Stacey Castor, also known as the “Black Widow”, killed two of her husbands and then tried to murder her daughter. The Lifetime movie Poisoned Love: The Stacey Castor Story will tell the story. The movie airs Feb. 1 at 8:00 p.m. ET on Lifetime.
Castor wanted people to believe that she was the victim of terrible tragedies. She spun the tale that her first husband died of a heart attack, and her second husband had died by poisoning himself with antifreeze, and then her daughter also attempted to kill herself.
Now, police say that all of that was a lie and Castor was actually a “Black Widow” and a cold-blooded killer. Castor was convicted in 2009, and she was sentenced to 51 years in prison.
The Story Starts in 1990
Castor married her first husband, Michael Wallace. Together, they had two daughters, Ashley and Bree.
During their relationship, they worked opposite shifts. Castor worked as an ambulance dispatcher during the day, and Wallace worked as a mechanic during the evenings. Later, in a 2009 interview with ABC News, Castor would reveal that Wallace struggled with drugs and alcohol for much of his life.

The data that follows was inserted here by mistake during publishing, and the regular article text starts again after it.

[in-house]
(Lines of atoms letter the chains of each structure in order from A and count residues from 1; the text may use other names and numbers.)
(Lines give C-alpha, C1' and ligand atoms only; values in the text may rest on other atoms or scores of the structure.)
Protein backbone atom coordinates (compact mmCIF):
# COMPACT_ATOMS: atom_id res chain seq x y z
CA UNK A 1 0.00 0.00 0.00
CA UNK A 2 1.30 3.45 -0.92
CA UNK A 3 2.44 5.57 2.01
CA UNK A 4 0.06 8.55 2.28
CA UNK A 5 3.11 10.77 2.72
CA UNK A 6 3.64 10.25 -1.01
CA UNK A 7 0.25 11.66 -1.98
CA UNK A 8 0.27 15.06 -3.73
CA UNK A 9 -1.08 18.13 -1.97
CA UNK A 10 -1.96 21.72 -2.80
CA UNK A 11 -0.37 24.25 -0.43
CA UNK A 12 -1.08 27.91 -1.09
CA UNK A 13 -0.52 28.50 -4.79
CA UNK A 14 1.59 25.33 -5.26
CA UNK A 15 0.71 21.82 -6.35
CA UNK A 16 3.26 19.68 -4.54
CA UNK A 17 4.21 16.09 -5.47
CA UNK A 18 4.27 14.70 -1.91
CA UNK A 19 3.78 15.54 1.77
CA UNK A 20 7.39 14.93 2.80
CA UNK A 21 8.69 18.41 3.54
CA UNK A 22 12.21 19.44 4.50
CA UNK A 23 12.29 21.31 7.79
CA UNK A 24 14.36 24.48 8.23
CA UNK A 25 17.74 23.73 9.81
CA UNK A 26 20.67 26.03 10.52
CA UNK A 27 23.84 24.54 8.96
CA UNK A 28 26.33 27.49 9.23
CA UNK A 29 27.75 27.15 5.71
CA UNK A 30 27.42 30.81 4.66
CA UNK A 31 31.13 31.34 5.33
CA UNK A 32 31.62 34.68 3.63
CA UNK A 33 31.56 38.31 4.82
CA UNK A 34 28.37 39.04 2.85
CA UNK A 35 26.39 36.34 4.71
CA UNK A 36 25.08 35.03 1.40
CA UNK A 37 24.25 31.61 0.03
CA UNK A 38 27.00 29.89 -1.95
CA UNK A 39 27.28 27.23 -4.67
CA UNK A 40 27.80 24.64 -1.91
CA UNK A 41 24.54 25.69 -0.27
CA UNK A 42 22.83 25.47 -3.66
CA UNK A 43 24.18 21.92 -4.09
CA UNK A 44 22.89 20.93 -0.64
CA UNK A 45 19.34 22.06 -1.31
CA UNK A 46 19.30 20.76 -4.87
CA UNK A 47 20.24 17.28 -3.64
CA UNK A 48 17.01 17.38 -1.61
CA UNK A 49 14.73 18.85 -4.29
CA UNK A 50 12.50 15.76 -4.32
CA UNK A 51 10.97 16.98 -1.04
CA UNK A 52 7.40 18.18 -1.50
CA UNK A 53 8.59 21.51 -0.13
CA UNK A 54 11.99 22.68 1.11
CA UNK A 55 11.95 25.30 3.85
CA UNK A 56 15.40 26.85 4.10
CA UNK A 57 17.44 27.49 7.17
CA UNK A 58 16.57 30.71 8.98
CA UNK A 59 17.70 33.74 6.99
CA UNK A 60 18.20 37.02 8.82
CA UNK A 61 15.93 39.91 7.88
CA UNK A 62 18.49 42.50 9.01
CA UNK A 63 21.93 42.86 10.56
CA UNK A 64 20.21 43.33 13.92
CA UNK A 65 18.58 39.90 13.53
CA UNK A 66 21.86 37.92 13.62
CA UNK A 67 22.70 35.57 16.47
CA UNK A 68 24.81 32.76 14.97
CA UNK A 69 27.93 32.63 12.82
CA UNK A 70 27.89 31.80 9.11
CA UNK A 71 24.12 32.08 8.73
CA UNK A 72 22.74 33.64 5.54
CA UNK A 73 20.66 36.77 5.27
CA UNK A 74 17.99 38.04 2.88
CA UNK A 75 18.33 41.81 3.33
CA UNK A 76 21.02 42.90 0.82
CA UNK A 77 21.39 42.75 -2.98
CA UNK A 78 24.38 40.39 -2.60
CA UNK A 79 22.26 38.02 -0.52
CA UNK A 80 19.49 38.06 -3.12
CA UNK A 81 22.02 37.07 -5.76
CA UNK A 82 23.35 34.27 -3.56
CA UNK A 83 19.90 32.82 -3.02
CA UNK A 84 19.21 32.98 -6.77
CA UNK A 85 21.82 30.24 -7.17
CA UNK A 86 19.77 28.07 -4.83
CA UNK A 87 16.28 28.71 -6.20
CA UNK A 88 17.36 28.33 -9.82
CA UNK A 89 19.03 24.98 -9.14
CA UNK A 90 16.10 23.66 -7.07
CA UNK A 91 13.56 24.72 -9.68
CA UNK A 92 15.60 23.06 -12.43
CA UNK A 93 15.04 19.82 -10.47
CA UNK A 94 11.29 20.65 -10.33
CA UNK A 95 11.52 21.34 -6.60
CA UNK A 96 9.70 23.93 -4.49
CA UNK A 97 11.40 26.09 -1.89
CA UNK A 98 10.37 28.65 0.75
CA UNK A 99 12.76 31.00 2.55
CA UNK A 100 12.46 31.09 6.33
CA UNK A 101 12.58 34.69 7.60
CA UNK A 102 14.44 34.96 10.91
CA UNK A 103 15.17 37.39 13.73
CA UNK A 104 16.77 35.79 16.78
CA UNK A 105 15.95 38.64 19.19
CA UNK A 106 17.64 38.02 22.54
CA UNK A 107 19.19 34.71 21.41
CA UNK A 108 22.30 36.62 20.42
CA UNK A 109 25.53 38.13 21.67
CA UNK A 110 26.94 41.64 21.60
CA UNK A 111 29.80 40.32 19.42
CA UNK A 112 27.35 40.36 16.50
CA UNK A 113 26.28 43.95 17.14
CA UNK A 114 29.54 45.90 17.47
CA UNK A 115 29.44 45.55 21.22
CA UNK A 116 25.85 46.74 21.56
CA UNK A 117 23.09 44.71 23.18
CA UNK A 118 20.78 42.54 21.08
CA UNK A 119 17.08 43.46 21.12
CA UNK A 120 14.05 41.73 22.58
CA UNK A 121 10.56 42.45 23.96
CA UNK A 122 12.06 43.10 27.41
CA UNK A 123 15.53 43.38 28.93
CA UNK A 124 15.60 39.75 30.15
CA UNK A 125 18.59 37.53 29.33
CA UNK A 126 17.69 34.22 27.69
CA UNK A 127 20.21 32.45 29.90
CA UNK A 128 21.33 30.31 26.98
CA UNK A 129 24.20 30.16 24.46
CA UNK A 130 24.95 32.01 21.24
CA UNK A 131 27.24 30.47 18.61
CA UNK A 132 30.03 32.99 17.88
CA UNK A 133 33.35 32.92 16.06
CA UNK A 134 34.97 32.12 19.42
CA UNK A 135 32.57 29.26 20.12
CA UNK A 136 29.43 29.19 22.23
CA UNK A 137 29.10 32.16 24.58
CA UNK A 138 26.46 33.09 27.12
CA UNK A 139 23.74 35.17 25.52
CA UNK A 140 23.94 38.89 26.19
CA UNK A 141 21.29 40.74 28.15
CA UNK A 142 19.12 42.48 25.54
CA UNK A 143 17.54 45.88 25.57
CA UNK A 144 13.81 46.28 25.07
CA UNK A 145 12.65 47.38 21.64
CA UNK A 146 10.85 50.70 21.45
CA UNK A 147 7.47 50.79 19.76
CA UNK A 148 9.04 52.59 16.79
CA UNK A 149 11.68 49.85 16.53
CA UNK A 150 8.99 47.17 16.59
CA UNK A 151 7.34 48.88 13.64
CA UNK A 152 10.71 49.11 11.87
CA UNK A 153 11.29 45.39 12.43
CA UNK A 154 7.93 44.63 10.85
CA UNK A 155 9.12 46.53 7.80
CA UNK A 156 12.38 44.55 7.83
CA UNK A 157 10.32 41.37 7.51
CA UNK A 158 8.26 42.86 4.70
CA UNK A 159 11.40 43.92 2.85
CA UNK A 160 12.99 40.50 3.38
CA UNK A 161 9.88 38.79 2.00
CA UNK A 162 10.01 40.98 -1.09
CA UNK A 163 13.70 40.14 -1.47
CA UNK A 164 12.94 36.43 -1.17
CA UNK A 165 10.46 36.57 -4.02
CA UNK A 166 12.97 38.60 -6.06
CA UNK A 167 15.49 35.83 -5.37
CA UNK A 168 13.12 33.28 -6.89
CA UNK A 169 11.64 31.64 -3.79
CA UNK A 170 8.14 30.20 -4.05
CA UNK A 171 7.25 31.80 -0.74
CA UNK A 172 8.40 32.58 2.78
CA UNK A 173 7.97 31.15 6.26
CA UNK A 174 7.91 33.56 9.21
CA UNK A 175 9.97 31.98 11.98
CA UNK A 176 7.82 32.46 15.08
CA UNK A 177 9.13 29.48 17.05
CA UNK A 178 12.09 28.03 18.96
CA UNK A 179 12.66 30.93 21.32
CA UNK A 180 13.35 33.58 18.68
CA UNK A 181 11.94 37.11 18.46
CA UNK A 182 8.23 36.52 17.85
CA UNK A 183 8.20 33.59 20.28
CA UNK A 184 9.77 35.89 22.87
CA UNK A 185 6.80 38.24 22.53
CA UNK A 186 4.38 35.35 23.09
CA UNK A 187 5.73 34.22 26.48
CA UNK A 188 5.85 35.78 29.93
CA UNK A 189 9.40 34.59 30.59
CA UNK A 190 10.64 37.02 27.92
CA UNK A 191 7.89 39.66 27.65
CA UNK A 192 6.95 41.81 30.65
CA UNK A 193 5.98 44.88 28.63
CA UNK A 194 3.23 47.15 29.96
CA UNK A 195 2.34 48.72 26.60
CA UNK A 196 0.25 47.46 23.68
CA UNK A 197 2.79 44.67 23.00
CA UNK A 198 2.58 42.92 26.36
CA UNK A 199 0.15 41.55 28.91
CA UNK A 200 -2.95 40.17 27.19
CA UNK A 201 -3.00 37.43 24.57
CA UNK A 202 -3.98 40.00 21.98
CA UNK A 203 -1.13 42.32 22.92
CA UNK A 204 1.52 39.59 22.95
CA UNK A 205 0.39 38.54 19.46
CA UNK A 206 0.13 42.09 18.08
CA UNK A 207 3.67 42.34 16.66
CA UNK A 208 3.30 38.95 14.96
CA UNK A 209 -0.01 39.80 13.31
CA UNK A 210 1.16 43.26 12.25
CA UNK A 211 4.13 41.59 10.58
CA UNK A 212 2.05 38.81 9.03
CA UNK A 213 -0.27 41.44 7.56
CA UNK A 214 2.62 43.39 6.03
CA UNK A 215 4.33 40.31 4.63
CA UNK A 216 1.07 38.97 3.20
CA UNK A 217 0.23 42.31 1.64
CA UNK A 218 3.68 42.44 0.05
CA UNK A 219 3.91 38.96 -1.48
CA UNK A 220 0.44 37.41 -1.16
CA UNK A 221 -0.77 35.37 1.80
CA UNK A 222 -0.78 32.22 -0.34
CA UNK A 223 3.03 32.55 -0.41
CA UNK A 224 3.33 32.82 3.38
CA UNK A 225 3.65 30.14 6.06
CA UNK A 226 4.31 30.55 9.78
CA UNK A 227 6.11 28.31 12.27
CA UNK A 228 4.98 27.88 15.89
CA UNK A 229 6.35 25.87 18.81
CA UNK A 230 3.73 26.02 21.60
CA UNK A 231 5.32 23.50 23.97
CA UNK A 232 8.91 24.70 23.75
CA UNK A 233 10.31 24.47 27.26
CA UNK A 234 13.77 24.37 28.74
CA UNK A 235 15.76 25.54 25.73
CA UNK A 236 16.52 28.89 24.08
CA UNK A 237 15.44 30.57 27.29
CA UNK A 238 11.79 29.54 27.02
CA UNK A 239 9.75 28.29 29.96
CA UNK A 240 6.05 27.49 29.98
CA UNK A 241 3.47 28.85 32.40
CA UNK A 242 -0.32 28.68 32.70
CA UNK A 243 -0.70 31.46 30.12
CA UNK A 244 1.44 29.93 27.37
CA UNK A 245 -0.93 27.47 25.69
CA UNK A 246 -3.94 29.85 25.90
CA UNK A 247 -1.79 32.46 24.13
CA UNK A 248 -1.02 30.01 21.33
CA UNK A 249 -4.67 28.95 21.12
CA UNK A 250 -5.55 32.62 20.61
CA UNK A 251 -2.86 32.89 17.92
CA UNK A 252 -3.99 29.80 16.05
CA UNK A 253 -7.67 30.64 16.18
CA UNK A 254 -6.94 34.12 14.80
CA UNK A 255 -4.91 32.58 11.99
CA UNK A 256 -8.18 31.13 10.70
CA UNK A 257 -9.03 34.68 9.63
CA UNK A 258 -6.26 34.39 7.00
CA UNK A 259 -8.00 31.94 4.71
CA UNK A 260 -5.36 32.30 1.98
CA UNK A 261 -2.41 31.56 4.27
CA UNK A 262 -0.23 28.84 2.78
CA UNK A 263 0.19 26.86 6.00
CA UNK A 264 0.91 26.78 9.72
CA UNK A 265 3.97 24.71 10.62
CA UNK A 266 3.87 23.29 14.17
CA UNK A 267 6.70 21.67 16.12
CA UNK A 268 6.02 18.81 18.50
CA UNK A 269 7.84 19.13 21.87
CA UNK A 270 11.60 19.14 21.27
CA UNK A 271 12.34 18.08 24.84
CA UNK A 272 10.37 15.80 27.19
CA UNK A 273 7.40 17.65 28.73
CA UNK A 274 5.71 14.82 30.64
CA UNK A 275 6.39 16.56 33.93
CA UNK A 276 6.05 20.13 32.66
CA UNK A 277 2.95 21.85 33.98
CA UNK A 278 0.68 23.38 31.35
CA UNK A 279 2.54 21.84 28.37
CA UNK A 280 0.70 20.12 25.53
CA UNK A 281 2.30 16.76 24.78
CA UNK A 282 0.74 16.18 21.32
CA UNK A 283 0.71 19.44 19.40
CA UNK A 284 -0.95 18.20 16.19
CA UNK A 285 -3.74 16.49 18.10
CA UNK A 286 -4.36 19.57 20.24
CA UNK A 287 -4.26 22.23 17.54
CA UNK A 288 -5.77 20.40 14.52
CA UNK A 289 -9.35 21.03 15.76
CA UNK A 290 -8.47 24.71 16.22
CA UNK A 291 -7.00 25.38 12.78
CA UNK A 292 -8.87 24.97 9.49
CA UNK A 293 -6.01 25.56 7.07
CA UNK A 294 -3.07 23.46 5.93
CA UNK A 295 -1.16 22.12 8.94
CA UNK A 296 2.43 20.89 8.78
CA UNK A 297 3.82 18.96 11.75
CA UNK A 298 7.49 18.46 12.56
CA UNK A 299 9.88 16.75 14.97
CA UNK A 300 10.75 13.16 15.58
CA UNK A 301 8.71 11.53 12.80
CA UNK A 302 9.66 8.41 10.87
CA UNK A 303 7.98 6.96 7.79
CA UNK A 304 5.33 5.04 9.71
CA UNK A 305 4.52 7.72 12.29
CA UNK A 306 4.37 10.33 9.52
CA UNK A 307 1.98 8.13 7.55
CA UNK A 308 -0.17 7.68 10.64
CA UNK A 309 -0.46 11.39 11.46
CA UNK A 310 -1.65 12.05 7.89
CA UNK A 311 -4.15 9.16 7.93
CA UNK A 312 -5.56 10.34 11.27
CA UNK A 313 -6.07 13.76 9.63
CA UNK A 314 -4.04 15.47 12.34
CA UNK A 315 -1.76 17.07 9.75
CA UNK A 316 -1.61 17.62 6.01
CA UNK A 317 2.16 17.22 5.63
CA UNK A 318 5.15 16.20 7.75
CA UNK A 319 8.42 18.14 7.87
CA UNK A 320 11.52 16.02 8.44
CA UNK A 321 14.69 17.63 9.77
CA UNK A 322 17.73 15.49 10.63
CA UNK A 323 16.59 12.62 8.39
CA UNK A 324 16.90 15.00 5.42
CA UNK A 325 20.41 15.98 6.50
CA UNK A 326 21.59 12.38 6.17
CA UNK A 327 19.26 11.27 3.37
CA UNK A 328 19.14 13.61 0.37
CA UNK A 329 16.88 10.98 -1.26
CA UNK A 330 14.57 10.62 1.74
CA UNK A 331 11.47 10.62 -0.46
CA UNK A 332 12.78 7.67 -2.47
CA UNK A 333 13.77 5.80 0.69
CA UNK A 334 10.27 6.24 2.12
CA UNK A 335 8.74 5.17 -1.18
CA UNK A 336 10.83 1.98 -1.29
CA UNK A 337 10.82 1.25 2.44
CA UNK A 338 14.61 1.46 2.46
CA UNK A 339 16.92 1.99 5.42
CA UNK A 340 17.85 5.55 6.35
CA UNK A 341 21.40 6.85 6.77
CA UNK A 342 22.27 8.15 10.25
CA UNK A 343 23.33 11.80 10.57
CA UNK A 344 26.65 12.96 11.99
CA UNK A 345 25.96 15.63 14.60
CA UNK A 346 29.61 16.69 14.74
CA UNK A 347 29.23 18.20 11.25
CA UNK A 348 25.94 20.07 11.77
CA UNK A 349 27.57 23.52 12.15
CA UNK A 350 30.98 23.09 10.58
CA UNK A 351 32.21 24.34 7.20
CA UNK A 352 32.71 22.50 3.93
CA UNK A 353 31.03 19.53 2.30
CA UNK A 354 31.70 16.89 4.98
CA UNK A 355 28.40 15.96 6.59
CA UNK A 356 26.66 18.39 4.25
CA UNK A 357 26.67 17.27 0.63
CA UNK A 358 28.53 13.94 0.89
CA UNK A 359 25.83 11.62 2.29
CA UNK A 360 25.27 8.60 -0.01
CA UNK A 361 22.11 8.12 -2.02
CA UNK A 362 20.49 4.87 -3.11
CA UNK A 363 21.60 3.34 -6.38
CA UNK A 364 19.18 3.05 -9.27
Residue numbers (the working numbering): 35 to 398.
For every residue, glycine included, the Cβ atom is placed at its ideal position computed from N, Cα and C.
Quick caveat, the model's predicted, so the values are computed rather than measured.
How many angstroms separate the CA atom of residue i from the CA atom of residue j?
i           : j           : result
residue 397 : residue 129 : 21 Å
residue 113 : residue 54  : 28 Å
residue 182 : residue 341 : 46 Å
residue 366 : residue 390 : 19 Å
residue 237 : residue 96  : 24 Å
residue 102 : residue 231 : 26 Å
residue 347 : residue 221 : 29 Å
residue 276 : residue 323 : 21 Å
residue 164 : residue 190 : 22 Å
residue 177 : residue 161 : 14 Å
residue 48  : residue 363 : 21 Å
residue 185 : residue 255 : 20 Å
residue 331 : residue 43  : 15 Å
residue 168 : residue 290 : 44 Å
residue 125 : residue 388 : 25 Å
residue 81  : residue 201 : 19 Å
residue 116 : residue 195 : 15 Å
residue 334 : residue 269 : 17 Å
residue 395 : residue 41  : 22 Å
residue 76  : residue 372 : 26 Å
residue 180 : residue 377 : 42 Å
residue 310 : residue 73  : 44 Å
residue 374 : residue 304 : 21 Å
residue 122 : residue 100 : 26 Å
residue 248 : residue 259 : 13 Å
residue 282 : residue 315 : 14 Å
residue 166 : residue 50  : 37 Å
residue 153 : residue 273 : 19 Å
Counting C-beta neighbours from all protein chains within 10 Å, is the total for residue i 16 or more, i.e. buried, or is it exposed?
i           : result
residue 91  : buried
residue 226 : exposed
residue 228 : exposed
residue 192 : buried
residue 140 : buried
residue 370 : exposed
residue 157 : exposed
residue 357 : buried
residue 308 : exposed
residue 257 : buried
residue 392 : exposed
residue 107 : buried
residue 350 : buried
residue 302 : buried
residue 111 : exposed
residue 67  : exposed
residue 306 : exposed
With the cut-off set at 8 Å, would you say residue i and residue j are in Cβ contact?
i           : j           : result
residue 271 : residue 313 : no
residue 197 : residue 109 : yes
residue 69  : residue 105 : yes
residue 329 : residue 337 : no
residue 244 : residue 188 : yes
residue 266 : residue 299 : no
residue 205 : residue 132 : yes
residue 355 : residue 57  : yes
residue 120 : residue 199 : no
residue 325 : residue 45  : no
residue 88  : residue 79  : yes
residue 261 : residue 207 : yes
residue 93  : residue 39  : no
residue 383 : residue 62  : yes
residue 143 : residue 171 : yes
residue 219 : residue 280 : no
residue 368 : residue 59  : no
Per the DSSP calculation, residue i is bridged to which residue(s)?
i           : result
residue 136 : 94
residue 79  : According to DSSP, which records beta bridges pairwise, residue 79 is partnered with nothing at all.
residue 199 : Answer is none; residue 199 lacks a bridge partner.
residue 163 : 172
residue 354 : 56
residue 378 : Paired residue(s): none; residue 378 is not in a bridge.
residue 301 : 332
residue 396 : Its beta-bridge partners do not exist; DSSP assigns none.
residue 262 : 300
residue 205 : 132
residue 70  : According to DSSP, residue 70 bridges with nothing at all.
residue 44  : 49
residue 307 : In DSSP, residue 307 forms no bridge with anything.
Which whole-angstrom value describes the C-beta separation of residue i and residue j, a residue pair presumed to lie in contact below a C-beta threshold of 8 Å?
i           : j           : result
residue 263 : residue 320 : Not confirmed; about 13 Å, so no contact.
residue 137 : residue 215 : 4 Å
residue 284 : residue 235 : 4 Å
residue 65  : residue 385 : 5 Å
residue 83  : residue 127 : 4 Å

In late 1999, Wallace got sick enough that he sought medical attention. At the time, the doctor sent him home, citing that he may be feeling ill from an inner ear disorder.
Family members remember that Wallace had been acting unsteady, coughing, and he seemed swollen. He died just weeks later; Ashley, who was then 11, had been alone with him at the time of his death and blamed herself.
2003 to 2005
In 2003, Castor married David Castor, whose last name she took. At the time, David owned an air conditioning installation and repair company where Stacey served as the office manager.
In August 2005, Castor put in a call to the local sheriff’s office to report that David had locked himself in the bathroom for an entire day following an argument. She said that he was not responding to his cell phone. When he did not show up to work, she called, claiming that he was depressed.
When police arrived and could not get a response from David, they kicked in the door of the bathroom, where they found David lying dead on the floor. Near his body, they found a container of antifreeze and a half-full glass of bright green liquid.
2005 to 2006
Soon after the death of her second husband, police began wiretapping Castor’s house. They listened in to phone calls and set up cameras overlooking both her house and her husbands’ gravesites. The two had been buried side-by-side. Castor never visited the graves.
After not getting much from the wiretappings or the cameras, police had Wallace’s body exhumed. The toxicology screening ruled that he had also been killed through antifreeze poisoning.
By September 2007, evidence was beginning to pile up against Castor. She reportedly began to panic after learning that police had exhumed Wallace’s body, finding traces of antifreeze in his system. That’s when it is believed that she devised a plan to set up her daughter Ashley for the murders.